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(Part 2, Part 1 directly below)

The left's version of the anti-American regime elected in Iraq could be sodomy laws (and similar sexual morality statutes). While there has been a trend toward repealing anti-sodomy laws in the nation, there's no guarantee that they may never be removed in certain more conservative areas. And the backlash against the loosening of sexual mores in the latter half of last century led to the successful passage of numerous "defense of marriage" acts and amendments at the state level. This fact -- that in many places the will of the voters is to deny homosexual relationships the same status as heterosexual ones -- has been a boon to social conservatives. They can point to liberal social/cultural policies as unpopular and hence anti-democratic. It plays nicely into the criticism of liberal judges "legislating from the bench," and allows such social conservatives to position themselves as the real guardians of democracy. Indeed, conservative doves may have the best position here, as they can side with democracy on both Iraq's leadership and sodomy laws.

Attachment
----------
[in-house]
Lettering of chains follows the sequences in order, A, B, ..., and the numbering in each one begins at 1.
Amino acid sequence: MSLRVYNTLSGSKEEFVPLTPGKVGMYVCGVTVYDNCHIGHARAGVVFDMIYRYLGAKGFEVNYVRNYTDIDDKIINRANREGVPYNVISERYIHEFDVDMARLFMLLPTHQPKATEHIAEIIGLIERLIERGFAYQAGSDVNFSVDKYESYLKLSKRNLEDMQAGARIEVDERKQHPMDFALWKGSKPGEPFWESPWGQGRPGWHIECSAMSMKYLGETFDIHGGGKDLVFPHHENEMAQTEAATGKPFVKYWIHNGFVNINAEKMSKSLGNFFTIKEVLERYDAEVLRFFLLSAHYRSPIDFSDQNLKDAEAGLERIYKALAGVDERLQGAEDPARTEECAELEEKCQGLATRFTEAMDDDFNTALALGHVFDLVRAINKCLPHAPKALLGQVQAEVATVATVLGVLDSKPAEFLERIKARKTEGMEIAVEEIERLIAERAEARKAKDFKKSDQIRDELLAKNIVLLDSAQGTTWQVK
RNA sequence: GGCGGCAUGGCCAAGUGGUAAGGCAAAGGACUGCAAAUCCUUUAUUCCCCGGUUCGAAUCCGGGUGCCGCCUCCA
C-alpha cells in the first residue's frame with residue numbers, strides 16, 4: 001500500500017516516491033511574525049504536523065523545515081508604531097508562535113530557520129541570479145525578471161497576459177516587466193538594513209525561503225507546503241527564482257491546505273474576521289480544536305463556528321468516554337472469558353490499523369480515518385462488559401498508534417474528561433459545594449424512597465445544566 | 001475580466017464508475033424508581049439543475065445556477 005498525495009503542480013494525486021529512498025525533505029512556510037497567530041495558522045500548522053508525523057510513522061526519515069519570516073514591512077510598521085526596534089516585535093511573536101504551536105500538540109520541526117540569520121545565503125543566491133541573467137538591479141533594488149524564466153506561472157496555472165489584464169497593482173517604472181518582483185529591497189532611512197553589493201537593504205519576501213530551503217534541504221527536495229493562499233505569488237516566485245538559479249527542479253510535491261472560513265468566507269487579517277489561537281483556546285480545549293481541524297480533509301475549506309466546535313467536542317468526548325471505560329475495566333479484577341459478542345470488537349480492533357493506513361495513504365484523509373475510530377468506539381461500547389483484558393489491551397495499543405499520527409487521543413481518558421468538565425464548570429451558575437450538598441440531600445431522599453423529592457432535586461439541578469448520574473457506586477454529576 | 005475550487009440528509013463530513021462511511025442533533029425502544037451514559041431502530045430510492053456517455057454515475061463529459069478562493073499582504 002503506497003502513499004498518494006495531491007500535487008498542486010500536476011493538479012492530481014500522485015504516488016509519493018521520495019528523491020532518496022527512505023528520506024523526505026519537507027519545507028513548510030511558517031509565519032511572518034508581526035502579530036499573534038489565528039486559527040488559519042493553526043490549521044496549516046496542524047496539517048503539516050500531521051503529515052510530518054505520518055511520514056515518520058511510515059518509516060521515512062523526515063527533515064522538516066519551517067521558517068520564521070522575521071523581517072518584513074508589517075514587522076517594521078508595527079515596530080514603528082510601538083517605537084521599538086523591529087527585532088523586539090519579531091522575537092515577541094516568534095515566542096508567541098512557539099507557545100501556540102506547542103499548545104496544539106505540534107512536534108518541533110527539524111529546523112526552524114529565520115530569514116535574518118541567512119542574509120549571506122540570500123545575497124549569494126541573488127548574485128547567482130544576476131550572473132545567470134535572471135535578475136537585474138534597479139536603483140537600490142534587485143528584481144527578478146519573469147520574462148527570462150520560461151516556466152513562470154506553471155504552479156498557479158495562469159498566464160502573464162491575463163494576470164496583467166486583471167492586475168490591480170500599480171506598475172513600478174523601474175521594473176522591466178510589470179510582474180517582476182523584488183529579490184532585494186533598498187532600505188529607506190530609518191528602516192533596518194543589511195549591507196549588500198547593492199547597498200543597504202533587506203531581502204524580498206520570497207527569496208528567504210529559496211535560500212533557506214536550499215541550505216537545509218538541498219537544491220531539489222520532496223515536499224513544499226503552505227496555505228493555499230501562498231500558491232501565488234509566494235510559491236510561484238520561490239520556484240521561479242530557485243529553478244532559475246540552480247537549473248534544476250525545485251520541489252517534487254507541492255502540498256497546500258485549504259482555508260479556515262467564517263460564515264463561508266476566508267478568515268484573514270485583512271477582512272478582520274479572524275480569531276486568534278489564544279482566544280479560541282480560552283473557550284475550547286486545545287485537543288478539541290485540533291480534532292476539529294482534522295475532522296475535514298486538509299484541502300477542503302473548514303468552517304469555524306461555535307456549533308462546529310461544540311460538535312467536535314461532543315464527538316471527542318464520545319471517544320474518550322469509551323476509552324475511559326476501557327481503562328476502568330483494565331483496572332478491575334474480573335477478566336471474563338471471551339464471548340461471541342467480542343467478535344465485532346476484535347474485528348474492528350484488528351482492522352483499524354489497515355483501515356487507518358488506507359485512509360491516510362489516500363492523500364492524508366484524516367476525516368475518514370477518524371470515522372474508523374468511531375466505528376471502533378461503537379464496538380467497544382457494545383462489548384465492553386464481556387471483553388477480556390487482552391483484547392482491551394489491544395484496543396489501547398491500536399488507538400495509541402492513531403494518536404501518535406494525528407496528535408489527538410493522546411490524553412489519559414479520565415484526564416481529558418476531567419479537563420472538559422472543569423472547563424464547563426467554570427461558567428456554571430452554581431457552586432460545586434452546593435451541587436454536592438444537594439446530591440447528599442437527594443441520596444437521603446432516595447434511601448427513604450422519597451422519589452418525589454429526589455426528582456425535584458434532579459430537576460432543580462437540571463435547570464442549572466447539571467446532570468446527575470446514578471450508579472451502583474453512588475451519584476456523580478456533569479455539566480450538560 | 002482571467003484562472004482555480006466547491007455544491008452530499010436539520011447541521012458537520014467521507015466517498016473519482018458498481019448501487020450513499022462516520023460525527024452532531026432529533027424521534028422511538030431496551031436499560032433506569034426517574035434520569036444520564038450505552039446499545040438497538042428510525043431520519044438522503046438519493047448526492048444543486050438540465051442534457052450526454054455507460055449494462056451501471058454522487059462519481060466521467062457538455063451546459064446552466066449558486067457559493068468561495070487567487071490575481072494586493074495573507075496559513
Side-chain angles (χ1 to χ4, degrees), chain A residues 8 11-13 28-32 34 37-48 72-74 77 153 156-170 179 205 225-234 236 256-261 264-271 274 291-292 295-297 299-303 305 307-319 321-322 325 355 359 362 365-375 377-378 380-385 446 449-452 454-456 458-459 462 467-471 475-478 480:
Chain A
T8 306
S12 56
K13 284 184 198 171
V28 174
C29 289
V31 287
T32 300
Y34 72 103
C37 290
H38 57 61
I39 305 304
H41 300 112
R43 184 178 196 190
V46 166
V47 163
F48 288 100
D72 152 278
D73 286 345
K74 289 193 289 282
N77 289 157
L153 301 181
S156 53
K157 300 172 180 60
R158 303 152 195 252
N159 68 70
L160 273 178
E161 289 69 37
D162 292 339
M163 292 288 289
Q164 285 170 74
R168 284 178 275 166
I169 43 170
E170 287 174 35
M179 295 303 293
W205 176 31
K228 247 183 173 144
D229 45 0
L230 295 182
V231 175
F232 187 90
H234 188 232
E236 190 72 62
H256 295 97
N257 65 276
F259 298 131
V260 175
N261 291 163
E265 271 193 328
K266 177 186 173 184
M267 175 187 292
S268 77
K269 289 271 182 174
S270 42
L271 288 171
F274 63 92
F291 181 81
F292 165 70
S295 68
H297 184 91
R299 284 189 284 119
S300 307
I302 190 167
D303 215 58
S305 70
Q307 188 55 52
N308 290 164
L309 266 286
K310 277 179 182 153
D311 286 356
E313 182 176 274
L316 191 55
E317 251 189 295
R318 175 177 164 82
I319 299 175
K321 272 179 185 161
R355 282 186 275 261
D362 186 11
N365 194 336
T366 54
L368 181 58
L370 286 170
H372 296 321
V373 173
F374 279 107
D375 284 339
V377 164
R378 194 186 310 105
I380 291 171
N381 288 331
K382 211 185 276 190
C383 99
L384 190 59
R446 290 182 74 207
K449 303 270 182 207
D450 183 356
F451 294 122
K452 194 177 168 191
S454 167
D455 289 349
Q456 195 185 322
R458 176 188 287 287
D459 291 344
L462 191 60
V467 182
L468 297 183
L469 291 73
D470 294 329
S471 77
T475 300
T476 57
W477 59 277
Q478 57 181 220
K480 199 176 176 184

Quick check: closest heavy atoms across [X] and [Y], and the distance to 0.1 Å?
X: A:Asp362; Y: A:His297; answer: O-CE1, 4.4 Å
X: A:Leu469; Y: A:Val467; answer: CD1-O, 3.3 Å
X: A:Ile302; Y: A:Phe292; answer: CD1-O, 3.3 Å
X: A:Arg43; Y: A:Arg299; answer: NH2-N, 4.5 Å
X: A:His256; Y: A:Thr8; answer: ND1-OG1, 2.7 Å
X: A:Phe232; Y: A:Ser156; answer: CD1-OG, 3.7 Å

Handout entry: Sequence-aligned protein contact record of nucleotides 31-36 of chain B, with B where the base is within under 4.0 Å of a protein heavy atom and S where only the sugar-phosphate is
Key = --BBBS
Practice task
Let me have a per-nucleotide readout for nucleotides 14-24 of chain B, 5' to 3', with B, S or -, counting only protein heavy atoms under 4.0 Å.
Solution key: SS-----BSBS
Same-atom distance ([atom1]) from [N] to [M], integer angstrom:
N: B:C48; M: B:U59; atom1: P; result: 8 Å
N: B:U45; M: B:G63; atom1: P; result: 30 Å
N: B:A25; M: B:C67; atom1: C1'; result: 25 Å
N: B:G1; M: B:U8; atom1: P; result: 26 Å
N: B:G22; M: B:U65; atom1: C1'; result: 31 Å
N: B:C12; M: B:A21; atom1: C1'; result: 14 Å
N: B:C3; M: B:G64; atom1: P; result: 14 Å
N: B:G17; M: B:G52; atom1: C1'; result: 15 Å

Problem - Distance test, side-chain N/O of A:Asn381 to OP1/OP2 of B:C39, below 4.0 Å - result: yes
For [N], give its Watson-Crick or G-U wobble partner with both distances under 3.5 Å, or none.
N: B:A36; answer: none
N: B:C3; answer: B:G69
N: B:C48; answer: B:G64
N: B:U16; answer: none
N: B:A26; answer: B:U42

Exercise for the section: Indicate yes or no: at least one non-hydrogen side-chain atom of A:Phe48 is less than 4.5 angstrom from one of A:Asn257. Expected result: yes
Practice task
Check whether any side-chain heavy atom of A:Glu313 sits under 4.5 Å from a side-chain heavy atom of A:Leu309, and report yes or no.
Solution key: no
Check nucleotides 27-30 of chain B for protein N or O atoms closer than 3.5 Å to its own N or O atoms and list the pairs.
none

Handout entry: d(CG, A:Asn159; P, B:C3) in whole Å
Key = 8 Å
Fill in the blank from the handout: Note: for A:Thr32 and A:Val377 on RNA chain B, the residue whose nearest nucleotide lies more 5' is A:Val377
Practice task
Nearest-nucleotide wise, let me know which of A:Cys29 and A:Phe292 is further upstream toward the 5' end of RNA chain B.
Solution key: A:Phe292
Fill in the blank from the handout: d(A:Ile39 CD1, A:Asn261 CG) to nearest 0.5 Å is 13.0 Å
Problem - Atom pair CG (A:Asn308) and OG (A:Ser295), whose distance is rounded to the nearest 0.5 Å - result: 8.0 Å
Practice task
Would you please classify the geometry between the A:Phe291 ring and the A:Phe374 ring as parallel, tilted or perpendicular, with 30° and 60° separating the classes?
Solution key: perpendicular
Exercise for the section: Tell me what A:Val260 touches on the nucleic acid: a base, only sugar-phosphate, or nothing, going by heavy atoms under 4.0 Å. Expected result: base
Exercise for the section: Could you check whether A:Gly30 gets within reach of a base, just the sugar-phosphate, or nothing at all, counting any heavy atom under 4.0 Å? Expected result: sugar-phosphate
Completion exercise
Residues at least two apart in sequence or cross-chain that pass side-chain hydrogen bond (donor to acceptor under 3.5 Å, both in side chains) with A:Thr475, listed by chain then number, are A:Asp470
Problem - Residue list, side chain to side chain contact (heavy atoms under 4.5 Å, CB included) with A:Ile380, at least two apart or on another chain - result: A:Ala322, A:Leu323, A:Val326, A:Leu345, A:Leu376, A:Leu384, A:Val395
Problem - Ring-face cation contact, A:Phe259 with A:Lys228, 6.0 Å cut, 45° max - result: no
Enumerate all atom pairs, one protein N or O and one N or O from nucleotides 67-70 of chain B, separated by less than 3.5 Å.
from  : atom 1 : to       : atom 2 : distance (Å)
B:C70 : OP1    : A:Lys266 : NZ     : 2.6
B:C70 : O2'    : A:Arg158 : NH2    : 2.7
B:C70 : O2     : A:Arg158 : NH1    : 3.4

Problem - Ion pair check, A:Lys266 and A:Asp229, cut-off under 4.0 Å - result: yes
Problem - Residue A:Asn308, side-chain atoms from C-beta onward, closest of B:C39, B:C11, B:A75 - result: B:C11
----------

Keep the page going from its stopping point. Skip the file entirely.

I don't mean to claim any ideological purity on this issue. As a classical conservative with a liberal morality, I tend to err on the side of respecting the will of the people while endeavoring to change that will. Yet I also recognize that liberal democracy is a two-word term for a reason, and democracy can't be allowed to radically undermine certain liberal principles such as freedom of speech. I don't have any clear rule to follow for balancing the two, but I realize that without one I risk committing, or being accused of, hypocrisy.


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